The success of former vice-president Joe Biden in the recent US presidential election has been met with relief by most Europeans and their political leaders. After four years of Trumpian idiosyncrasies and uncertainties, during which tensions in the transatlantic relationship reached unprecedented levels, most now expect a return to some kind of normality.
Just what will normality mean, though, given that most of the old assumptions that held the transatlantic relationship together for so long have changed? And how will the relationship fare in the face of the challenges of addressing a rising China, a warming planet, and a Covid-19 pandemic that is worsening on both sides of the Atlantic?
Barely a generation ago, it was taken on faith by most Europeans that American leadership in the world was necessary and important. Then, though, came the open disagreement – led by the French and the Germans – over the US-led invasion of Iraq in 2003. By the end of his term, George W. Bush – according to surveys carried out by the Pew Research Center – had an approval rate of just 15-20 per cent in Britain, France, Germany and Spain, and the cracks in the edifice of transatlantic relations were becoming more visible.
There was a respite during the Obama administration, when Europeans and Americans were mainly reading off the same script in international affairs, and the American president achieved an approval rate of 70-80 per cent among western Europeans.
But then came Donald Trump, whose election shocked and mystified many Europeans, and whose subsequent style and policies did little to assure them about the quality of American leadership.
Unlike his modern predecessors, Trump was willing to rattle the cages of his allies by – not unreasonably – demanding that European NATO members contribute at agreed levels to the defence of Europe. However, he also abandoned many of the old assumptions about the value of free trade, did little to stand up to Vladimir Putin, took positions on immigration that jarred with many Europeans, and abandoned US commitments to the Paris accord on climate change and the Iran nuclear agreement.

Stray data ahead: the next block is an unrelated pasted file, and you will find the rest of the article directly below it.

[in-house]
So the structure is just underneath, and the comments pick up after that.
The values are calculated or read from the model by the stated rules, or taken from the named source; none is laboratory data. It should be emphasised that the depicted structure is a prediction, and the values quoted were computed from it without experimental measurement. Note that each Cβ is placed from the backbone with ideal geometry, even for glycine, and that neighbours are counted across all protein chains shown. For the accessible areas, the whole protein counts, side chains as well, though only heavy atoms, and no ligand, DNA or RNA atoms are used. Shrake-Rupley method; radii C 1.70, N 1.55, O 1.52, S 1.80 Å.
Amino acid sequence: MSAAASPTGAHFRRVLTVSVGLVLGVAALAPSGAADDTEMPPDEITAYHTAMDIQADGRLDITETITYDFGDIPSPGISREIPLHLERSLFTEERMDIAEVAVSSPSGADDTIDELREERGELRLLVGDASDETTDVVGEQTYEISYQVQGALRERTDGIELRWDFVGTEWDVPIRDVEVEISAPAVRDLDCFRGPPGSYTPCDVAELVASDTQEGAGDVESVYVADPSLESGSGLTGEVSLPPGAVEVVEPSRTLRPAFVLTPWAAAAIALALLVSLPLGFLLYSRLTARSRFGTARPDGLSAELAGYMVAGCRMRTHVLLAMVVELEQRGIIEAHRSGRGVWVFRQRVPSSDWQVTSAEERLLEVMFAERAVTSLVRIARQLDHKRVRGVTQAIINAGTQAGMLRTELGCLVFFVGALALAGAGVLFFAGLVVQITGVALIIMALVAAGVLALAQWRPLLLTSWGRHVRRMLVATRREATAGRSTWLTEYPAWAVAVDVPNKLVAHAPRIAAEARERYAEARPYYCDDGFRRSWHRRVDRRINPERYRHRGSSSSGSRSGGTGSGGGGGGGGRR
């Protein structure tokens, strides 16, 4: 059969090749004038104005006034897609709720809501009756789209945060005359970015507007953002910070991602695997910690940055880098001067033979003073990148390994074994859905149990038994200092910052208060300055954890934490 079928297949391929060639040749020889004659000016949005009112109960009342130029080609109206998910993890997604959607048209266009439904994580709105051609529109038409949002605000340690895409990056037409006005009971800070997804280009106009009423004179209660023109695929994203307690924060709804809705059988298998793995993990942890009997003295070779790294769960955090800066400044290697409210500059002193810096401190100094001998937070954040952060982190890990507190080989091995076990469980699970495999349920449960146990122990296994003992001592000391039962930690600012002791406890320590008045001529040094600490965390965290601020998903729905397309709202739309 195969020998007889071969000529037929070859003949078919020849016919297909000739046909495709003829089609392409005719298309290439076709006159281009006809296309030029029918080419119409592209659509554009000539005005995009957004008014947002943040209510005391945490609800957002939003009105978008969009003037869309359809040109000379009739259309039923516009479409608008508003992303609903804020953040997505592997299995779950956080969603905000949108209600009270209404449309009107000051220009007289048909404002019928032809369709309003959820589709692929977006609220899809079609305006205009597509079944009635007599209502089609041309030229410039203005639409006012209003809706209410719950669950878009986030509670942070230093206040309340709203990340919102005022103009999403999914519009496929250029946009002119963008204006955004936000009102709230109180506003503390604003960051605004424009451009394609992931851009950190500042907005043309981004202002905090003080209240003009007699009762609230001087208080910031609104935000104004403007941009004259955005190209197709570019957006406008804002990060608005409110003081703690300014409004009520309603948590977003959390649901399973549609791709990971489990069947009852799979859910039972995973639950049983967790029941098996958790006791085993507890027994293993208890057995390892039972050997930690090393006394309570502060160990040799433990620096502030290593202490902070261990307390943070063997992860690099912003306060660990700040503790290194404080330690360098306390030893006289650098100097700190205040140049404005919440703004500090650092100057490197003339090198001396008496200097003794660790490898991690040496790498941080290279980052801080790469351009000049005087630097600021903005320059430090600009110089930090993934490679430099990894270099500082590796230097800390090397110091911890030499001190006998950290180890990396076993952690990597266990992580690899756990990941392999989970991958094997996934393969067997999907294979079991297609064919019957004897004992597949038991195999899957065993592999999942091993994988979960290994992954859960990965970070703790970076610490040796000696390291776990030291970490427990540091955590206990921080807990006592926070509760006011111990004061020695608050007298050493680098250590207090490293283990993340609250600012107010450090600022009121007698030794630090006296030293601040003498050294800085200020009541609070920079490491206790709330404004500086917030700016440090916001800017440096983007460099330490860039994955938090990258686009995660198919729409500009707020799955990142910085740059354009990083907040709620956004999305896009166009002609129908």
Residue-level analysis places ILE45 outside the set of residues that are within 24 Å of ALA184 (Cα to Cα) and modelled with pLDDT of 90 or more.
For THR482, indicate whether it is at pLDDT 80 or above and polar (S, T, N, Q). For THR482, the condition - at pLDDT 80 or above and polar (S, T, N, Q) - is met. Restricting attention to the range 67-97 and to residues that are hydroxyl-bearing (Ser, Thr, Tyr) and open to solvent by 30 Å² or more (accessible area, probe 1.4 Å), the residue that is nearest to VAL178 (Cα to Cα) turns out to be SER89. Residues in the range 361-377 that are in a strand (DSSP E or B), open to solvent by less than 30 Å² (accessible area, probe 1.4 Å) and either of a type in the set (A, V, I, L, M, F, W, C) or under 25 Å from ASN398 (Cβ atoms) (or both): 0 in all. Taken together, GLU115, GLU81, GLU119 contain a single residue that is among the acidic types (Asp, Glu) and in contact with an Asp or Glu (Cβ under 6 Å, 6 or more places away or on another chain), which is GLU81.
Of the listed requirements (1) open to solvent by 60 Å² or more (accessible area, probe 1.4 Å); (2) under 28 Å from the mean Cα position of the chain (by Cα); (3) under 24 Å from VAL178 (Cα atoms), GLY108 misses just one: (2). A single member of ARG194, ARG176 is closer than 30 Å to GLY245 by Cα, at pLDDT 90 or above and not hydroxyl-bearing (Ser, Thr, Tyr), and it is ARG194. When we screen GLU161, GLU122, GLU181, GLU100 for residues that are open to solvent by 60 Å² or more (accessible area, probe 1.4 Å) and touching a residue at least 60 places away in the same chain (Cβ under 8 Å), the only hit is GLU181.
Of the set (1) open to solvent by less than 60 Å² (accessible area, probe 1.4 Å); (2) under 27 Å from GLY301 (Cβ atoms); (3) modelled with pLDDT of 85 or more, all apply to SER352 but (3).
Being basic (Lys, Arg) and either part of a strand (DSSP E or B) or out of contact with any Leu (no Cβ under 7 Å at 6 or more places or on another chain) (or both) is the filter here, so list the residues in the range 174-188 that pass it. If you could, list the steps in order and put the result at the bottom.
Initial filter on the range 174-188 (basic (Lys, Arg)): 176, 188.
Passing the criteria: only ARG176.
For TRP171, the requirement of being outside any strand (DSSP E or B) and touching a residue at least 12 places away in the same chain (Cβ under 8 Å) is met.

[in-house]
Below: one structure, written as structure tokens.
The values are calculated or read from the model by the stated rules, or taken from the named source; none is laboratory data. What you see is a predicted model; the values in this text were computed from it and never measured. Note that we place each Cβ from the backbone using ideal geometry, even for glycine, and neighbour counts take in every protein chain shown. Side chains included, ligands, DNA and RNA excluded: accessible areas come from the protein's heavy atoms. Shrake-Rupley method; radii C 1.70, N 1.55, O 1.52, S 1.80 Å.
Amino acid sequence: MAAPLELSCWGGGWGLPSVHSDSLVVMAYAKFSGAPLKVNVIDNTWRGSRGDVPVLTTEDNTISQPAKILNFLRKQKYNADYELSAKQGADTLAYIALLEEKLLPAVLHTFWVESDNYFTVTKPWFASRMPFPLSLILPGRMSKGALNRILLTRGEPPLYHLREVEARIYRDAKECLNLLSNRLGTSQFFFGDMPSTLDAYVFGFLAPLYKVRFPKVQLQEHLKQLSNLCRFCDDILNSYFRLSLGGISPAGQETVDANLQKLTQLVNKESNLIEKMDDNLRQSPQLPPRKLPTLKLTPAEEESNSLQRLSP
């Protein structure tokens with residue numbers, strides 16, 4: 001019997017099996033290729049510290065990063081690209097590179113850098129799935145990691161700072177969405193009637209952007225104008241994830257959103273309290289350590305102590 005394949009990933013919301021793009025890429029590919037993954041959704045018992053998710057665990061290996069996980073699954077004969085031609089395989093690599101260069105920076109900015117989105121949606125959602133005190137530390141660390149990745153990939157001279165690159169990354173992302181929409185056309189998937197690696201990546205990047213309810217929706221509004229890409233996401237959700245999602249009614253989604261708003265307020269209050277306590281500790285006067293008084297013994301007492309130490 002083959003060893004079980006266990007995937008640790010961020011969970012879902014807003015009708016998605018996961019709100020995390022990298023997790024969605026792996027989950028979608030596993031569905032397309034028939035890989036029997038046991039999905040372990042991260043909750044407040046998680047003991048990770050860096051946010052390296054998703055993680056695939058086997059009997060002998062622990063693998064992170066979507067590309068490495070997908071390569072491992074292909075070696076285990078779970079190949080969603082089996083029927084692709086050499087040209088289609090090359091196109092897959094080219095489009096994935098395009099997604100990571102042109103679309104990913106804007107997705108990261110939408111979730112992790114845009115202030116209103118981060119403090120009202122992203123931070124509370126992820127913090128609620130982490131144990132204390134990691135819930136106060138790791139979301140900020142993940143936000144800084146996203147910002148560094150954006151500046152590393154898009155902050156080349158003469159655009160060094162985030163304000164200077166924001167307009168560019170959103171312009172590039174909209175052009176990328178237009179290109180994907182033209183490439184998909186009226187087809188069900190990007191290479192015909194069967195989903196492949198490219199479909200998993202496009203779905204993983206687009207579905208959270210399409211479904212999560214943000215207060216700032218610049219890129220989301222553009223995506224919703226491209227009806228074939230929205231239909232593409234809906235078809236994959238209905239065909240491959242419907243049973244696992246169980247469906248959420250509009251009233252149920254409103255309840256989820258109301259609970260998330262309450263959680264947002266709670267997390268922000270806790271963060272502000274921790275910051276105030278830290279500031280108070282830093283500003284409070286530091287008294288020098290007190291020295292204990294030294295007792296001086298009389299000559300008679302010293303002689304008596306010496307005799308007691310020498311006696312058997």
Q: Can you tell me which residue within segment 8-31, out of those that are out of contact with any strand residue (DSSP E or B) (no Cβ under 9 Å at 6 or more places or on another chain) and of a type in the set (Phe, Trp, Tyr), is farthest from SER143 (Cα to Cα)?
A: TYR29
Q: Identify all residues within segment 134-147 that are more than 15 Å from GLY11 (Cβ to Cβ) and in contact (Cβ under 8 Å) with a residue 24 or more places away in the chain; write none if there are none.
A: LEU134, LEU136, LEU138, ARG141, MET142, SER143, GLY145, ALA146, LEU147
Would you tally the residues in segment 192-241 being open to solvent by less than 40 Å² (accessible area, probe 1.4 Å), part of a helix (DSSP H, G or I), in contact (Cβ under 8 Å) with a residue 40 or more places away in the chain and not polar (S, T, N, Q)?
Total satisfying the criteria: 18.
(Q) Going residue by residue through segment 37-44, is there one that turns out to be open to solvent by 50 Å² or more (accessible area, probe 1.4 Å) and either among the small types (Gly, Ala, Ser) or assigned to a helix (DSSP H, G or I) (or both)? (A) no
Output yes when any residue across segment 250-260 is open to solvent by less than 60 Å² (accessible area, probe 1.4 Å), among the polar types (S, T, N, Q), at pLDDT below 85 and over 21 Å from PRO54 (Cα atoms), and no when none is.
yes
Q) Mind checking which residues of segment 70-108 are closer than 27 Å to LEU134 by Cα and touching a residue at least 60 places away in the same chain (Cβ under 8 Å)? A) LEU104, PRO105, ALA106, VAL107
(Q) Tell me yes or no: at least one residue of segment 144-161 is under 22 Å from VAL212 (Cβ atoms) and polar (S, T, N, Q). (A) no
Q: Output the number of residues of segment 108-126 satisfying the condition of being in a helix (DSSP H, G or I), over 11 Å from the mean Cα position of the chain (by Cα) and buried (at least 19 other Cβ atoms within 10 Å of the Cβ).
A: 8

Trump’s policies won him support in Hungary and Poland, and – to a lesser extent – in Italy and the UK (whose role in the world has clearly declined since Brexit). Elsewhere, though, it seemed to many that the US was stepping back from global leadership just as transatlantic agreement was needed on a host of pressing issues.
Most Europeans are taking comfort from an assurance that Biden will take positions that are more aligned with their own. He will be more supportive of multilateralism and free trade, for example, and has promised immediately to reverse Trump’s policies on climate change and Iran.
But the uncertainties created first by Bush and then by Trump will not be quickly or easily resolved. Europeans are unlikely to lose sight of the ways in which they differ with many Americans on issues as varied as the welfare state, capital punishment, and the role of religion in public life. Furthermore, Trumpism – if defined as an America First preference for unilateralism and a hostility to globalization – will not go away soon: after all, Donald Trump won more than 73 million votes, Republicans made gains in the US House of Representatives, and their role in the US Senate remains strong.
We now face at least five major challenges on which transatlantic cooperation would be far preferable to division. We need to address the Covid-19 pandemic, reverse climate change, face up to the revival of authoritarian government in many parts of the world, offset the growing power of China, and curtail the belligerence of the Putin administration in Russia.
The good news is that most of Europe will be much closer to Biden’s America in terms of how to approach these problems. The less encouraging news is that questions remain about how far Biden will be able to proceed with his programme against the background of a deeply divided America, and about how far European leaders will be able to find ways to work with the Biden administration without being undermined at home by growing support for right-wing populist parties.
These are uncertain times indeed for transatlantic relations.
Dr. John McCormick